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According to the reference below, the plasma in a planetary radiation belt increases its temperature anisotropy through radial diffusion; temperature perpendicular to the background magnetic field increases faster than that parallel to the magnetic field.

The question is why perpendicular energization is faster than parallel one?

As far as I know from textbooks, the betatron acceleration, due to the conservation of the first adiabatic invariant, increases the particle's kinetic energy perpendicular to the background magnetic field. On the other hand, the Fermi acceleration, due to the conservation of the second adiabatic invariant, increases the parallel kinetic energy.

If the competition of the two mechanisms is important to the anisotropy, why is the betatron stronger than the Fermi? Any reference mentioning about this will be helpful.

REFERENCES

http://www.nature.com/nphys/journal/v4/n4/full/nphys897.html

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  • $\begingroup$ See my answer here. $\endgroup$ – honeste_vivere May 4 '15 at 11:56
  • $\begingroup$ @honeste_vivere I am afraid, but I don't see anything related to my question in your previous answer. You were mentioning about wave particle interaction in most of the answer. I know that wave particle interaction is important but that is not my interest. Besides, one of the reference I gave says "this anisotropy can excite very low frequency whistler mode chorus waves which resonate with electrons". My question is, how is the anisotropy generated? $\endgroup$ – user1048419 May 4 '15 at 12:18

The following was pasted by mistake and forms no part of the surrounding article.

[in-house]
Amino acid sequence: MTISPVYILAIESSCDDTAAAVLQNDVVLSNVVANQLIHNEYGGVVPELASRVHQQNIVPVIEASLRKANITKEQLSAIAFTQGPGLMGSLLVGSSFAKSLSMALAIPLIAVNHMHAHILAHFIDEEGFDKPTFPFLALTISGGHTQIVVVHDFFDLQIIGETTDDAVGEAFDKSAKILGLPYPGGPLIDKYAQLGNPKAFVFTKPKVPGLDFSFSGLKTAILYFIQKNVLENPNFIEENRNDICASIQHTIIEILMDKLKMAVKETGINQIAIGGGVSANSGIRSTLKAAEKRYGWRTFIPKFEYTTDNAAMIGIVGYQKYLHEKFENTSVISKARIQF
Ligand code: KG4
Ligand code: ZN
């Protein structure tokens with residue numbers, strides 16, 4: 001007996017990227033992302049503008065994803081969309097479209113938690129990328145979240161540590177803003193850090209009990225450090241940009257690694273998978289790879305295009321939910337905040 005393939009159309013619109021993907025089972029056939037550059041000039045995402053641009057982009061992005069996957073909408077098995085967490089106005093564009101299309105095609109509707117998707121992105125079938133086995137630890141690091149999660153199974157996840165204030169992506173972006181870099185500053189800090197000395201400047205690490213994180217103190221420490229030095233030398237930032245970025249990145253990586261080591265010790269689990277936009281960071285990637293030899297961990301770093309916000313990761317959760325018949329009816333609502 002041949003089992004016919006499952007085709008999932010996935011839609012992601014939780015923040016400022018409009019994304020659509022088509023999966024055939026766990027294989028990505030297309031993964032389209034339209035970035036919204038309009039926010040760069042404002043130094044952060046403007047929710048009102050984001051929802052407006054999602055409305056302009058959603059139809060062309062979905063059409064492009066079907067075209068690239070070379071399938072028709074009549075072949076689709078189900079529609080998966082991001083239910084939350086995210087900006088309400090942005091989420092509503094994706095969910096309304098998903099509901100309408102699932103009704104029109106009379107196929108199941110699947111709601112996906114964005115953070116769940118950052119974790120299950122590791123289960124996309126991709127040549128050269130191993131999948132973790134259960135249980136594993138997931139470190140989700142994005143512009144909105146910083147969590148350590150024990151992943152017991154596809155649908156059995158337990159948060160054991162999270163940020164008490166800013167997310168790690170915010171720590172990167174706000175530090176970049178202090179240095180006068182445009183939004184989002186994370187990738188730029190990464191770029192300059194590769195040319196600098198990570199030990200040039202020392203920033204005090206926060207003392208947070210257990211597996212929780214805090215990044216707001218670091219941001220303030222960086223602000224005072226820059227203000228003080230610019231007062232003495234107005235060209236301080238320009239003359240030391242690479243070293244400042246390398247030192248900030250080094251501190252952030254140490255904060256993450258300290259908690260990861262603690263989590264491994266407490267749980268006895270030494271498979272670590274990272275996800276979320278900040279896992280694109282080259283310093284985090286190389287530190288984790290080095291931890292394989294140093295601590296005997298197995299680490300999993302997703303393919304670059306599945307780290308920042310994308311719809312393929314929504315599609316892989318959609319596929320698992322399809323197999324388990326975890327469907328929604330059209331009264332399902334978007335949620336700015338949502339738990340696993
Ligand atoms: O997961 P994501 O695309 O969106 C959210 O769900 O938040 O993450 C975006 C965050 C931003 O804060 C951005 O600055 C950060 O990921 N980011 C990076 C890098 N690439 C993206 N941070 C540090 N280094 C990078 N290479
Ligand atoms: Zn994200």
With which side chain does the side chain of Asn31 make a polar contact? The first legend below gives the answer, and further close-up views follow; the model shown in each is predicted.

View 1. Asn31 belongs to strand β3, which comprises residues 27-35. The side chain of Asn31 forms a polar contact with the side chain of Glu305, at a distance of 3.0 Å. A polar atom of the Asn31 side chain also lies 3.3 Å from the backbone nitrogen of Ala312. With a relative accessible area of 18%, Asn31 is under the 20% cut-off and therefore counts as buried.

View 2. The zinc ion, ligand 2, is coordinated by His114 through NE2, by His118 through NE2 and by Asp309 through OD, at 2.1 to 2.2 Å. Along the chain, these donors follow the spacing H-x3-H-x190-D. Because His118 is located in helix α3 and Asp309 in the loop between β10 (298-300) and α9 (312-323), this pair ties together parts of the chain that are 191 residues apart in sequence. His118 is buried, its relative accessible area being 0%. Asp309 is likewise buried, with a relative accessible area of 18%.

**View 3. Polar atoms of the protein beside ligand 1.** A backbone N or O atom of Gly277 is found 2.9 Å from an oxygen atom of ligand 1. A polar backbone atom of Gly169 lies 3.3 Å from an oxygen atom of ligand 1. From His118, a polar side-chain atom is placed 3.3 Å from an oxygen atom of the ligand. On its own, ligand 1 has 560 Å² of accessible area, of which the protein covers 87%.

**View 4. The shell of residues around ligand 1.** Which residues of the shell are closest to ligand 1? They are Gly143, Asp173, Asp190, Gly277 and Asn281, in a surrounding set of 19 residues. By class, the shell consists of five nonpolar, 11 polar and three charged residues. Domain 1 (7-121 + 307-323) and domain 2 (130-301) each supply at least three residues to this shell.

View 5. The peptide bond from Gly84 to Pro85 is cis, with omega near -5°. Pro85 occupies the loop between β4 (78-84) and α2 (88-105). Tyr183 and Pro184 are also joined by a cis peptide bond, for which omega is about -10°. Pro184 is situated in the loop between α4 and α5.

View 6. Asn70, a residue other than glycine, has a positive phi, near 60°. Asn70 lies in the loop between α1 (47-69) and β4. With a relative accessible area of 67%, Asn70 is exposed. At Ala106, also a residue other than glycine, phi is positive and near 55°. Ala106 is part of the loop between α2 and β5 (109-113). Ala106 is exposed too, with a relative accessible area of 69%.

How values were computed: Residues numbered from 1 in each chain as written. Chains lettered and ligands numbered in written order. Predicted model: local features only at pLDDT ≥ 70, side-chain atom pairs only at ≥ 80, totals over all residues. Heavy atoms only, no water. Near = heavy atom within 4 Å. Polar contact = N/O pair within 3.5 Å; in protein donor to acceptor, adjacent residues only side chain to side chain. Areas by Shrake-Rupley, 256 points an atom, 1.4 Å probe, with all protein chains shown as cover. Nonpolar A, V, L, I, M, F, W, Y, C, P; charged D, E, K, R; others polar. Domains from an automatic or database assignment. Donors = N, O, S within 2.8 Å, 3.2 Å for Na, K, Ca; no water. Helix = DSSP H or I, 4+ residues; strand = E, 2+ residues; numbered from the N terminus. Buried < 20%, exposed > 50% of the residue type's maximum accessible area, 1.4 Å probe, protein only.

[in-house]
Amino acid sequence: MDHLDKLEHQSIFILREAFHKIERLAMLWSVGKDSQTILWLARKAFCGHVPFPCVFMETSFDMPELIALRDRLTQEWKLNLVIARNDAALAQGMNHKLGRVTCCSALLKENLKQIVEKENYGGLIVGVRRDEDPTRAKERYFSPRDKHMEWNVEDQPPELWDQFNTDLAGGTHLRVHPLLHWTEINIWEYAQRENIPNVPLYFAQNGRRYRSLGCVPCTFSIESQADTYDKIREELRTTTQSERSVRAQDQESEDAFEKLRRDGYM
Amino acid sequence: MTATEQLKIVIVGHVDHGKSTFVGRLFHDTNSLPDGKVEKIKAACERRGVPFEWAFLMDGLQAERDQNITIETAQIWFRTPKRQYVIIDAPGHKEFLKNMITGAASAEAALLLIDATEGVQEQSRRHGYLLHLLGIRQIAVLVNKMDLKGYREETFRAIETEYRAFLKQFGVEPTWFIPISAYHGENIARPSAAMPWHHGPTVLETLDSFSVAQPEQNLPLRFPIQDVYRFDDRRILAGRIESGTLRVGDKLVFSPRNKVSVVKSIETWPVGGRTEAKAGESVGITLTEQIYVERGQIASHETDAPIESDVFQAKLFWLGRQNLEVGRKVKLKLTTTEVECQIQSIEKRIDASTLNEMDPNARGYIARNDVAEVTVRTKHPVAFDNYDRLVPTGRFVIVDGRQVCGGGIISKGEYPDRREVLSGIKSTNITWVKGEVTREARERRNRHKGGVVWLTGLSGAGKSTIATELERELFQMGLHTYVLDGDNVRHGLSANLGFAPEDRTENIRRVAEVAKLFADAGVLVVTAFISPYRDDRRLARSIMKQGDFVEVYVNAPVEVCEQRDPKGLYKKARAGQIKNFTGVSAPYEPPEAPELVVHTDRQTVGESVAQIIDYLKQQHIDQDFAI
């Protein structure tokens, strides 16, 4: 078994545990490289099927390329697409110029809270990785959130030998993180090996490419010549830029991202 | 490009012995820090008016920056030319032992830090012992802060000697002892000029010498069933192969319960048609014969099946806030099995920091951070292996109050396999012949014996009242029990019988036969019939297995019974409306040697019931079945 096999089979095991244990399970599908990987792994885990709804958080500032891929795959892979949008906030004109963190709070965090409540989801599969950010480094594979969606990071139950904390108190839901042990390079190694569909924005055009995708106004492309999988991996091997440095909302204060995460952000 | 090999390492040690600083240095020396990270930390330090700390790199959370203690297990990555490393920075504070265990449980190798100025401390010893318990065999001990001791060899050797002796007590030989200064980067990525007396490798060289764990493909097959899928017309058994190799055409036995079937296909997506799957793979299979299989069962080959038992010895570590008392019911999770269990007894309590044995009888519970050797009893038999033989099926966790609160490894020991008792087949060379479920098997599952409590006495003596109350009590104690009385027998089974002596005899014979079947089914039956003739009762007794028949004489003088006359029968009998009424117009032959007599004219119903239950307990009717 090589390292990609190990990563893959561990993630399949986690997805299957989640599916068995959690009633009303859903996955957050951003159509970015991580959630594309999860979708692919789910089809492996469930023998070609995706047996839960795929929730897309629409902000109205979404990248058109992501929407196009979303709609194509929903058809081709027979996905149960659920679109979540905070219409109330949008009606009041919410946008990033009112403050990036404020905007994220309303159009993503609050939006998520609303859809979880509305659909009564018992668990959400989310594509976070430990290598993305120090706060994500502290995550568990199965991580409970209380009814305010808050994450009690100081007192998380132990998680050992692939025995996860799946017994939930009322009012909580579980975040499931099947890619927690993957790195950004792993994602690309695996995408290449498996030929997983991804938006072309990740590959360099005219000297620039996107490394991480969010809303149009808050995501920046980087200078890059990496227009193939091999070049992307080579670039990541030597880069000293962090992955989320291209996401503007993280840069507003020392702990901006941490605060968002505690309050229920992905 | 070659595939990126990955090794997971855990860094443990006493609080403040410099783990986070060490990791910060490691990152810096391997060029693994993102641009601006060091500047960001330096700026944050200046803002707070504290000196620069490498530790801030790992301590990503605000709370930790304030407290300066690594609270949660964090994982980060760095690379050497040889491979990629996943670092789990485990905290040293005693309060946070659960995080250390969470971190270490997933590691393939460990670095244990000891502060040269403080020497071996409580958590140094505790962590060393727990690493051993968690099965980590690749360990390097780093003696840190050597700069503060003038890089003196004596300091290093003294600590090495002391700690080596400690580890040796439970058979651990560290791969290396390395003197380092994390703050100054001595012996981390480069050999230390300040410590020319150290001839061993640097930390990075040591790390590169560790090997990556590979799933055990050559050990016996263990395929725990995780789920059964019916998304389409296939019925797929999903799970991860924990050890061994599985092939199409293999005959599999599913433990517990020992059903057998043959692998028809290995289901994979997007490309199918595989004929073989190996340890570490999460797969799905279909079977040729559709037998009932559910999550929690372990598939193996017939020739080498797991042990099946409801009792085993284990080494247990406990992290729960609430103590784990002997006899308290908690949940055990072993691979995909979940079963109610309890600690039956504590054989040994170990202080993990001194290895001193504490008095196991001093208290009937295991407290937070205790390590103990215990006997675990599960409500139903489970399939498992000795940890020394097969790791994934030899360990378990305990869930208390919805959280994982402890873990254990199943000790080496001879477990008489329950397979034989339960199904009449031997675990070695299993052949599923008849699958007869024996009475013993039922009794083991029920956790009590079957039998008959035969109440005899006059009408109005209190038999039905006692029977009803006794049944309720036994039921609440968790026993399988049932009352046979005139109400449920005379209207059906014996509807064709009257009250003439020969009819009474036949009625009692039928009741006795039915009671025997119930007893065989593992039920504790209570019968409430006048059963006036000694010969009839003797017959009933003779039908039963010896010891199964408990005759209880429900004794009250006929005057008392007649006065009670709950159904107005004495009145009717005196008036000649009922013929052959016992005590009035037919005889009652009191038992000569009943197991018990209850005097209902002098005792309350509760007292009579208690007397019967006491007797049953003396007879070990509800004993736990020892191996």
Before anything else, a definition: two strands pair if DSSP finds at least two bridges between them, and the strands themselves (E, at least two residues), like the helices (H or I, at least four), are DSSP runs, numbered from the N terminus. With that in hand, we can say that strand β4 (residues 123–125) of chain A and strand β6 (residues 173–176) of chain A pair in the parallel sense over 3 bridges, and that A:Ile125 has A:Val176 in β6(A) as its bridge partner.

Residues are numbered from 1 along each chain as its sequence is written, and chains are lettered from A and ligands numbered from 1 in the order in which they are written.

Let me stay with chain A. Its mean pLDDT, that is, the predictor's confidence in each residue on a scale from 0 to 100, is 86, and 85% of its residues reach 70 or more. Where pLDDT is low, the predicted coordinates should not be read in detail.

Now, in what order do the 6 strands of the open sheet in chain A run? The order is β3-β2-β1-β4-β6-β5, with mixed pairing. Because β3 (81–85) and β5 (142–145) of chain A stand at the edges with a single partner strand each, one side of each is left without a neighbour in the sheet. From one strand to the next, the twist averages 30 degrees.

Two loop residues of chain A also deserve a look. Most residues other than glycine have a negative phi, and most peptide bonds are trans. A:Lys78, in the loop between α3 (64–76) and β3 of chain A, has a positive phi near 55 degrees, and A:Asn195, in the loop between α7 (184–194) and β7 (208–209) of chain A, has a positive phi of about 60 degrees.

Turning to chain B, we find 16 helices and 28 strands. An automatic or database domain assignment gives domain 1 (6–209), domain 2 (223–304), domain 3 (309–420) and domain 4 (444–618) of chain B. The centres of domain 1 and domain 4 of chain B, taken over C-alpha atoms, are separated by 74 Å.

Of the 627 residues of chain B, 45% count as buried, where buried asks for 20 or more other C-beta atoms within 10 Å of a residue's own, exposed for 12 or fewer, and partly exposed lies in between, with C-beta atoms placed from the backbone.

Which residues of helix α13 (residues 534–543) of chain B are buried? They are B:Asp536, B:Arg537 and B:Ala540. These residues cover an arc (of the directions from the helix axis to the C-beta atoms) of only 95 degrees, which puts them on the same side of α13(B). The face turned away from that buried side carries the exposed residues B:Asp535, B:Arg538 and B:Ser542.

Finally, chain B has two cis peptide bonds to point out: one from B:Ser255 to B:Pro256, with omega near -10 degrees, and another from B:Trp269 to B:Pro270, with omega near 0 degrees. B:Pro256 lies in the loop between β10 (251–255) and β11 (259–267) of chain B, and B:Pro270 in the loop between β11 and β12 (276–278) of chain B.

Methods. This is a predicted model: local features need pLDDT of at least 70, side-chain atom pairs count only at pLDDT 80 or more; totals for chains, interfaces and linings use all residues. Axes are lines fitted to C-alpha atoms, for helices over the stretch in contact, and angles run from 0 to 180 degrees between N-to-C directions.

• $\begingroup$ I linked that answer because the particles in the radiation belts do not get their energies by simply conserving the first or second adiabatic invariants. The conservation of these invariants is what causes the particles to stay trapped for long periods of time in the radiation belts, but it is not generally considered the source for their energization. $\endgroup$ – honeste_vivere May 4 '15 at 12:37
  • $\begingroup$ Thank you, @honeste_vivere OK, I understand that adiabatic compression less contributes to the energization. But still I have a question about the origin of the anisotropy. There are several observation of electron and ion anisotropy. So I'll modify the question. $\endgroup$ – user1048419 May 4 '15 at 12:49
  • $\begingroup$ Unless the mirror points move (i.e., in the original idea for Fermi acceleration), the conservation of the 2nd adiabatic invariant should not change the total kinetic energy of the particle. Conservation of the 1st adiabatic invariant conserves kinetic energy as well (assuming no temporally- or spatially-varying processes), which is why I said that conserving these two invariants would not, alone, energize particles. $\endgroup$ – honeste_vivere May 4 '15 at 15:42

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